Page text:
“Despite being attacked, he kept coming back to create real change in the South, and in America,” Hajnal said.

As one of the “Big Six” leaders who organized the historic March on Washington, he was the event’s youngest keynote speaker and is the only one still living.

“He is almost on the level of a Martin Luther King Jr.,” Hajnal added. “For many of the critical moments in the civil rights movement, he was there and played an important leadership role.”

A politician cut from a different cloth

Inspired to continue making change by his experiences, Lewis pursued a career in politics yet remained a steadfast activist throughout, according to LaGina Gause, a UC San Diego assistant professor of political science.

LaGina Gause

LaGina Gause, UC San Diego assistant professor of political science

First elected in November 1986, Lewis is senior chief deputy whip for the Democratic Party in leadership in the House of Representatives, a member of the House Ways and Means Committee, and ranking member of its subcommittee on Oversight."

“His career demonstrates how a passionate leader can serve his community in many capacities,” Gause said.

Gause’s research interests are in American politics with a focus on the participation and representation of low-income and racial and ethnic minority communities. Her current book project explores legislative behavior in response to protesters in their congressional districts.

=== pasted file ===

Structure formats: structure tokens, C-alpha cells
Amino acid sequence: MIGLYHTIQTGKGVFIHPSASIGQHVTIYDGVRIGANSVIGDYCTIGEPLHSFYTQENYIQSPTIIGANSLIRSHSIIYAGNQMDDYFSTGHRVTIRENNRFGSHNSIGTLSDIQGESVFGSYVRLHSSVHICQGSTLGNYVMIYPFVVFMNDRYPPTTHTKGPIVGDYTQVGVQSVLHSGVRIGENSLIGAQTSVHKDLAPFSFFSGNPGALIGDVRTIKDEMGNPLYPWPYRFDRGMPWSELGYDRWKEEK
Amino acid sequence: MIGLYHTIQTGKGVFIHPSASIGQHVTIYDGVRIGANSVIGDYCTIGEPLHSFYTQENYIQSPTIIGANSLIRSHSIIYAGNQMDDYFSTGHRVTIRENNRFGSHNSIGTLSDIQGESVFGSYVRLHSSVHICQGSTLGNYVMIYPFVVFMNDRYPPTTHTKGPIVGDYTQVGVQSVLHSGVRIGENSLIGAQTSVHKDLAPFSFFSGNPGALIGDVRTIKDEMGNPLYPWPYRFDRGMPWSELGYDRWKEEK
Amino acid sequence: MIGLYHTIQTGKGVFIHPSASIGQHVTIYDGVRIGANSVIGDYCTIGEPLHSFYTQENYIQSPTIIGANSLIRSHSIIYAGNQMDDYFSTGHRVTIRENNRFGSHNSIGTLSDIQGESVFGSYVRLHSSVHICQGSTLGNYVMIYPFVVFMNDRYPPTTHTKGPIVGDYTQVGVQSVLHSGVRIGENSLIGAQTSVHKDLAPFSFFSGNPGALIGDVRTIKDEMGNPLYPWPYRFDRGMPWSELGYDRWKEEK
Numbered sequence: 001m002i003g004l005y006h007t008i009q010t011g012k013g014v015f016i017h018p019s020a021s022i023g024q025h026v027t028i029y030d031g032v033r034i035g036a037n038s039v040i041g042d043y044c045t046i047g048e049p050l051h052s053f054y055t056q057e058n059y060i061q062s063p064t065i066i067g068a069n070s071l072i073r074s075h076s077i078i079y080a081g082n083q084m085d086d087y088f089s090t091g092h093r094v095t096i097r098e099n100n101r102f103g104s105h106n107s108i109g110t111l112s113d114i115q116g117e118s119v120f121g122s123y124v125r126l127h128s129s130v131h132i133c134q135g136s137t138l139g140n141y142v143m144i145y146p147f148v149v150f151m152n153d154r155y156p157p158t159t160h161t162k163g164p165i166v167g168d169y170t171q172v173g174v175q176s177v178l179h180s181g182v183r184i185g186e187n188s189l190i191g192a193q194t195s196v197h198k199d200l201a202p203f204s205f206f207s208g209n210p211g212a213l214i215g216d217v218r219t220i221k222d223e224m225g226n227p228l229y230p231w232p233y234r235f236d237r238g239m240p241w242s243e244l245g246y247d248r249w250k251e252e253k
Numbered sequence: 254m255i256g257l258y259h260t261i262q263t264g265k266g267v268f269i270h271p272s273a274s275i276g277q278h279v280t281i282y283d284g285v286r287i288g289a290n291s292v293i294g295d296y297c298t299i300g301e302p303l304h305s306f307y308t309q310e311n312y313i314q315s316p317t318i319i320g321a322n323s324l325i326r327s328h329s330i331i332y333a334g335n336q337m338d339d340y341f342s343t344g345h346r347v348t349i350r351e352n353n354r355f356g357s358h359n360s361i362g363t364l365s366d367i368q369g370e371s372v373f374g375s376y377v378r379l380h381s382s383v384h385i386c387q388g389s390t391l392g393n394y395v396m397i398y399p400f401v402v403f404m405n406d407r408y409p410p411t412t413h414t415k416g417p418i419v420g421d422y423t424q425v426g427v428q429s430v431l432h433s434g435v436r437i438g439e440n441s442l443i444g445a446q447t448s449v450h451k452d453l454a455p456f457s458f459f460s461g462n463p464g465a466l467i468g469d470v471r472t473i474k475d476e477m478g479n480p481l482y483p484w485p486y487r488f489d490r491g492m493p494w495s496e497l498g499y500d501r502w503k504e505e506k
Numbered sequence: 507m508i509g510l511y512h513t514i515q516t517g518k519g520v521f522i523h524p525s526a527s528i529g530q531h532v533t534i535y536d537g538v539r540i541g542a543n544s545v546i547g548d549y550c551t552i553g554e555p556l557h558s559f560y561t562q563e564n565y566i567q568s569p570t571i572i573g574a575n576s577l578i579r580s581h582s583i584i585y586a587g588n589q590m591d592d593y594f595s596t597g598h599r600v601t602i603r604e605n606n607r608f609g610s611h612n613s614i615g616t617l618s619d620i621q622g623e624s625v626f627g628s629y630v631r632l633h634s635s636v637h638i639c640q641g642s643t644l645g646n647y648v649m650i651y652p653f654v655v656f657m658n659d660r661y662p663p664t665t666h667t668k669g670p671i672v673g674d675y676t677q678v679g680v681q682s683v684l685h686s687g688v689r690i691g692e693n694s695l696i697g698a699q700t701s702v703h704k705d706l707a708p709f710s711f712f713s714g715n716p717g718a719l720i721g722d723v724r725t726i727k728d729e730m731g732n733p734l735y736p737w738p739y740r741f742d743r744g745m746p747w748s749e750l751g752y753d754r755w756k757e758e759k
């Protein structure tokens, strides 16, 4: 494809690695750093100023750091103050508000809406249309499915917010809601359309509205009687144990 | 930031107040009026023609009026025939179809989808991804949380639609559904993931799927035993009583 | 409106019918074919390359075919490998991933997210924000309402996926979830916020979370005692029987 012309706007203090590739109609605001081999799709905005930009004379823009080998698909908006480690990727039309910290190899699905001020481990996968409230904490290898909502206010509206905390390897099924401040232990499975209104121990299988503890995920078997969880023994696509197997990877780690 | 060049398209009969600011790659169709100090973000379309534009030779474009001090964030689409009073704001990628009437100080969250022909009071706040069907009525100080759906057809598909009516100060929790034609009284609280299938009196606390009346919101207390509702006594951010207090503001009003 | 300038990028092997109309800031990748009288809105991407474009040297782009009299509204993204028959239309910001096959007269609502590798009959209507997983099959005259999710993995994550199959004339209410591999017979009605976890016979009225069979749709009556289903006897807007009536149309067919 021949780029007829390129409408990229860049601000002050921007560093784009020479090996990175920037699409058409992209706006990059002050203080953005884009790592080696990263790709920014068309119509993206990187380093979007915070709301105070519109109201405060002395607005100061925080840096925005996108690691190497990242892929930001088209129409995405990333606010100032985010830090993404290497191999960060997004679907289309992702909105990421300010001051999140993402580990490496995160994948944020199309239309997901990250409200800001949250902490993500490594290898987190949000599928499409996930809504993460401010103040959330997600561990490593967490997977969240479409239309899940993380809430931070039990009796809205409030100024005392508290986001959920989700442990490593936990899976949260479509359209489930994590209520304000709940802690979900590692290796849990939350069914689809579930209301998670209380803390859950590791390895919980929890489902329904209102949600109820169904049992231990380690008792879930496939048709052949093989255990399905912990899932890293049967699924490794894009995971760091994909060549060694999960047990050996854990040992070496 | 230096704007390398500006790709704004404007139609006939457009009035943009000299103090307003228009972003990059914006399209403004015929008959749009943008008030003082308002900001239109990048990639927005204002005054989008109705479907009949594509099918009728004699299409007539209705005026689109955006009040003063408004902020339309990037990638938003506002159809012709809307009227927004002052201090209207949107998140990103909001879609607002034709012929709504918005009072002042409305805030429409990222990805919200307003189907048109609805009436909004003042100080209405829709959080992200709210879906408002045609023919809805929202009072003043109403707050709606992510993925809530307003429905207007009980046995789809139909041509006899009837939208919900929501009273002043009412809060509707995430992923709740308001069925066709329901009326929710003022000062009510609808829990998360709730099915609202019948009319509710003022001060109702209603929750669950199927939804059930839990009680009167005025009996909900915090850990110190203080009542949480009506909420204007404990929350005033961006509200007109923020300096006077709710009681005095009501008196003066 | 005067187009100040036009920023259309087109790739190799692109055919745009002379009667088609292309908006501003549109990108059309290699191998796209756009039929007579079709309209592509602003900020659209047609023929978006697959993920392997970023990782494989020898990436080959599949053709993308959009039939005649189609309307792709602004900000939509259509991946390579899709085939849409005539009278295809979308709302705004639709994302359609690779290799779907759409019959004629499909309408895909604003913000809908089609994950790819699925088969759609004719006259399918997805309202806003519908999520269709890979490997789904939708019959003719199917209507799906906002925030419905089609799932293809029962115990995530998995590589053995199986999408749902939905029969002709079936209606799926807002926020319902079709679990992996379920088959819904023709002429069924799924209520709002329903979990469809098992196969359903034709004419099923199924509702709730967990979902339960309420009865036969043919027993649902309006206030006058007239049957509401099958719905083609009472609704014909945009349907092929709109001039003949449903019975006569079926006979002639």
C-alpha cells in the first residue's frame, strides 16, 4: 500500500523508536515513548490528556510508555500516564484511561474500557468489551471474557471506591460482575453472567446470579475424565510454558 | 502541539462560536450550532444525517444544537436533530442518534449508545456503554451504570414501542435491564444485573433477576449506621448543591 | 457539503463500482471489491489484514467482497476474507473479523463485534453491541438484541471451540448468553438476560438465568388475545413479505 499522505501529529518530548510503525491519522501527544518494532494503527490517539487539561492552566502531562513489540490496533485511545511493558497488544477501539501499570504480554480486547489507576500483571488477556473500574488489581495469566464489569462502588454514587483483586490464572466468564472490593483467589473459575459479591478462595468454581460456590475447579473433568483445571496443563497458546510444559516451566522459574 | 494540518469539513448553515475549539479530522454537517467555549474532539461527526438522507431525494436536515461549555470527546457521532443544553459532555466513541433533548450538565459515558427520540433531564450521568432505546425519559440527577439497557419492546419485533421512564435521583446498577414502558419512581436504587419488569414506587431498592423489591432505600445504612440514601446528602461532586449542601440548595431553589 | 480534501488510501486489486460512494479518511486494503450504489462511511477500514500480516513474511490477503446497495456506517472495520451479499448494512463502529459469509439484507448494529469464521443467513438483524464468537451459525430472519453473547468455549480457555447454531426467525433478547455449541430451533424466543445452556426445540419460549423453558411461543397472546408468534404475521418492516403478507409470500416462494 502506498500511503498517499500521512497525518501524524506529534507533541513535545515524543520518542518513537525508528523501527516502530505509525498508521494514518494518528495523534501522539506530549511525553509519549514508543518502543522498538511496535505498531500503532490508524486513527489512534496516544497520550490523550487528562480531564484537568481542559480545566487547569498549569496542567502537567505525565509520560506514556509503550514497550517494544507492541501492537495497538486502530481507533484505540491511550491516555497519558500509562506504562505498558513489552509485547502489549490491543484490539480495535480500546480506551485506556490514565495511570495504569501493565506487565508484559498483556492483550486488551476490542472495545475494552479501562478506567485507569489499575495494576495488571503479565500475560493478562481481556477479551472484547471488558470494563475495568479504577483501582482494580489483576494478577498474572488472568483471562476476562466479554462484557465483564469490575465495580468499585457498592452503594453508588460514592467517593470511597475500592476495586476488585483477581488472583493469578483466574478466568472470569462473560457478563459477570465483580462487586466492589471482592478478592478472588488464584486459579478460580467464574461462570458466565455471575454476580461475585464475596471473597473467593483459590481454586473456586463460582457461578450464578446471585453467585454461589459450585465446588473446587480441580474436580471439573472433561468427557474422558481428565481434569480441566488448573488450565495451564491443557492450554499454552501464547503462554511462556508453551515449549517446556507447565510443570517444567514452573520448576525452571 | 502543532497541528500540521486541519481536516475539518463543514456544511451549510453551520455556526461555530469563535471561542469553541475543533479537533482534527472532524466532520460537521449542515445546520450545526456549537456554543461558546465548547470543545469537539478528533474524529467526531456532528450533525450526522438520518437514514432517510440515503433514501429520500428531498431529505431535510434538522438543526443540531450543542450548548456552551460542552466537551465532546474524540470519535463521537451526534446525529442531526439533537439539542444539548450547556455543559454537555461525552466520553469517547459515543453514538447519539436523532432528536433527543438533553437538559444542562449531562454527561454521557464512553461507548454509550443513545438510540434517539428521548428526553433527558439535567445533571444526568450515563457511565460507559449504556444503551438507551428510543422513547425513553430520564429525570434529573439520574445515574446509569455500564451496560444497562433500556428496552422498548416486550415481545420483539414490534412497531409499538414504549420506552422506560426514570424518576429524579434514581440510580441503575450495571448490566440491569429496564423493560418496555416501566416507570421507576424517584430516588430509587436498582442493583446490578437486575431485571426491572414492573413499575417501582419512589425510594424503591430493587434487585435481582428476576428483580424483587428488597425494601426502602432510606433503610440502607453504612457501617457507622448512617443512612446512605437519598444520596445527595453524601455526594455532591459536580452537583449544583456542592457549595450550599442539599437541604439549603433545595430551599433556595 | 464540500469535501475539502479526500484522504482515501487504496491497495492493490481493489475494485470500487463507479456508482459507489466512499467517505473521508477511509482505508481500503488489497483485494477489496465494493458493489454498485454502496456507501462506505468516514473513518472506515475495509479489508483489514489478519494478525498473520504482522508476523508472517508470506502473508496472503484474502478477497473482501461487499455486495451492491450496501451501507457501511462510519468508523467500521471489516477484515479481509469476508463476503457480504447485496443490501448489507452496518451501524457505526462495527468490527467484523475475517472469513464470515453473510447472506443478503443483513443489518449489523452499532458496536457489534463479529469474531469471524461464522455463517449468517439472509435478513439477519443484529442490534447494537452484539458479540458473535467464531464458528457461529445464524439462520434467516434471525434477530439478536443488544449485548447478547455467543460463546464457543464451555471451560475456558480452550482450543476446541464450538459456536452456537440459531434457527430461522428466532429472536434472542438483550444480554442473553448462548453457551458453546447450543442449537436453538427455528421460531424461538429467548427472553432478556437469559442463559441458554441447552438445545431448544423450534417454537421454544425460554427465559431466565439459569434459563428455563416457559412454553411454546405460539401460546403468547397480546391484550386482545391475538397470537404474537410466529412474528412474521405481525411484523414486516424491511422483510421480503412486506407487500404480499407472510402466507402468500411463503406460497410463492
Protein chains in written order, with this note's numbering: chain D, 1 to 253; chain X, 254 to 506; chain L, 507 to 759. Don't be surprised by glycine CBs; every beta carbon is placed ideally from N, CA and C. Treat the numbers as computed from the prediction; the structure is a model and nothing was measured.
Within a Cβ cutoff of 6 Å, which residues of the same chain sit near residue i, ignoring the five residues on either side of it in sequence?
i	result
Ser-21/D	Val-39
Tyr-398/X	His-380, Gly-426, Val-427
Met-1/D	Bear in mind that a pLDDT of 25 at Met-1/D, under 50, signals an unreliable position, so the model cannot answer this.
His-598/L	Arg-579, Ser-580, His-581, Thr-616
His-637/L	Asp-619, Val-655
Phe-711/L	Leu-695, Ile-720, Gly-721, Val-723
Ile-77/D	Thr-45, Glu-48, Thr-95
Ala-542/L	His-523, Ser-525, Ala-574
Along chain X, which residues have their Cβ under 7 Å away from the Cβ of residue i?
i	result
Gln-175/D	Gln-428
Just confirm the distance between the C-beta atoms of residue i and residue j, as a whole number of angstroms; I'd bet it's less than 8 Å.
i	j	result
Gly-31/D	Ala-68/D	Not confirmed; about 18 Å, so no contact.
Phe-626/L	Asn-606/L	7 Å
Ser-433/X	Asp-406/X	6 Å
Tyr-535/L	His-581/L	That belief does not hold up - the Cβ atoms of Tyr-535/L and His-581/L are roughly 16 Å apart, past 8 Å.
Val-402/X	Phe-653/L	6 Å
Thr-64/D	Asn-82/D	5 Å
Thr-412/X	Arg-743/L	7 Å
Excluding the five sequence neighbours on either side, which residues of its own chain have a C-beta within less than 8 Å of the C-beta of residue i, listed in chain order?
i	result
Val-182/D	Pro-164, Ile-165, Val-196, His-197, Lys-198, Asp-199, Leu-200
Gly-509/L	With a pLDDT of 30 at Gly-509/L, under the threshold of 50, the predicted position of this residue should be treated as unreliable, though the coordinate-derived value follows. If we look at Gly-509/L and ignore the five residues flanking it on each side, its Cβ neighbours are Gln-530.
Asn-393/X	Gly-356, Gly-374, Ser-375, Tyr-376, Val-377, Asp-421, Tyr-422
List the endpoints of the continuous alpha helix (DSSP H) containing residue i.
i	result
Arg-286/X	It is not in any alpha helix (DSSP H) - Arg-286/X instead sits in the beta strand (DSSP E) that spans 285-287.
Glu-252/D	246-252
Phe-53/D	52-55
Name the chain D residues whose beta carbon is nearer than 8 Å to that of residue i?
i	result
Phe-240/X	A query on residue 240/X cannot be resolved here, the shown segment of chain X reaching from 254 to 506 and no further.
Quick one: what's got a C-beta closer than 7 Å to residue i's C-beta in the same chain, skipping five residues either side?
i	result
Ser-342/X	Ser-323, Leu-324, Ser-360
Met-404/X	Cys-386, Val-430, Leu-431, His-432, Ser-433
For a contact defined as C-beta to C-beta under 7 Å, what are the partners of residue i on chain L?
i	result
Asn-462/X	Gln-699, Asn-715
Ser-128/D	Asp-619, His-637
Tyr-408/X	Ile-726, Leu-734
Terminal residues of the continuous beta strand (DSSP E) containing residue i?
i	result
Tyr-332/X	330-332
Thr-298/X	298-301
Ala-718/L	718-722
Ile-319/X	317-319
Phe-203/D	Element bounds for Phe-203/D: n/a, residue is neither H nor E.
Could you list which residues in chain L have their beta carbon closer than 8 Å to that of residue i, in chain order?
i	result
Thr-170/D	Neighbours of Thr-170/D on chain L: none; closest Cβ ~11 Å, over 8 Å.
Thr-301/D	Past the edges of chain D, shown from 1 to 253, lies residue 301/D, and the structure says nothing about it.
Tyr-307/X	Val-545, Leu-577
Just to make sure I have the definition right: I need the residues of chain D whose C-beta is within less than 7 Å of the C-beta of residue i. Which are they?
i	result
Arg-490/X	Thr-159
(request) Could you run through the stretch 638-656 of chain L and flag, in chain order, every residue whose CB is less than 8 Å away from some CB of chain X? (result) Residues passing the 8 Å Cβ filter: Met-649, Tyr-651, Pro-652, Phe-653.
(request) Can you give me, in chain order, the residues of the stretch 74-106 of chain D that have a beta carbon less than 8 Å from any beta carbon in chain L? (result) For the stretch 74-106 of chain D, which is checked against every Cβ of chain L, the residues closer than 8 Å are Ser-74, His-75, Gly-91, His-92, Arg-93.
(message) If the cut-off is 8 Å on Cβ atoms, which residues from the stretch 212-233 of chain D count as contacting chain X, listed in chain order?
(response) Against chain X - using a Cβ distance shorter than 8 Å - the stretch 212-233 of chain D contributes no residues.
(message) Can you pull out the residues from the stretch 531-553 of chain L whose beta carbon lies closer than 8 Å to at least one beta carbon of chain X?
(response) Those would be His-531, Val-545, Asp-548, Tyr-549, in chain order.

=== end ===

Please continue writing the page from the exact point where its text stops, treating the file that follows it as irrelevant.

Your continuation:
“Congressman Lewis’ leadership in Congress continues to demonstrate to his constituents that he is willing to go beyond the normal call of duty to represent the issues and concerns that are most pressing among his community,” she said.

As a member of Congress, Lewis has participated in protests in opposition to the genocide in Darfur, immigration reform and gun control. In 2016, he led a sit-in on the floor of the House of Representatives to demand a vote on gun control legislation following the Orlando nightclub shooting. The sit-in lasted nearly 26 hours.

“Although it did not result in a vote on gun control legislation, it did demonstrate that Lewis was committed and actively working to resolve issues that were important to many Americans,” Gause added.

Setting an example for future groundbreakers

Lewis’ willingness to risk his reputation and speak out on controversial issues sets him apart from many of his congressional colleagues, earning him respect among his colleagues and many young people such as Hunter Miranda, a second-year political science major and executive director of Student Organized Voter Access Committee (SOVAC).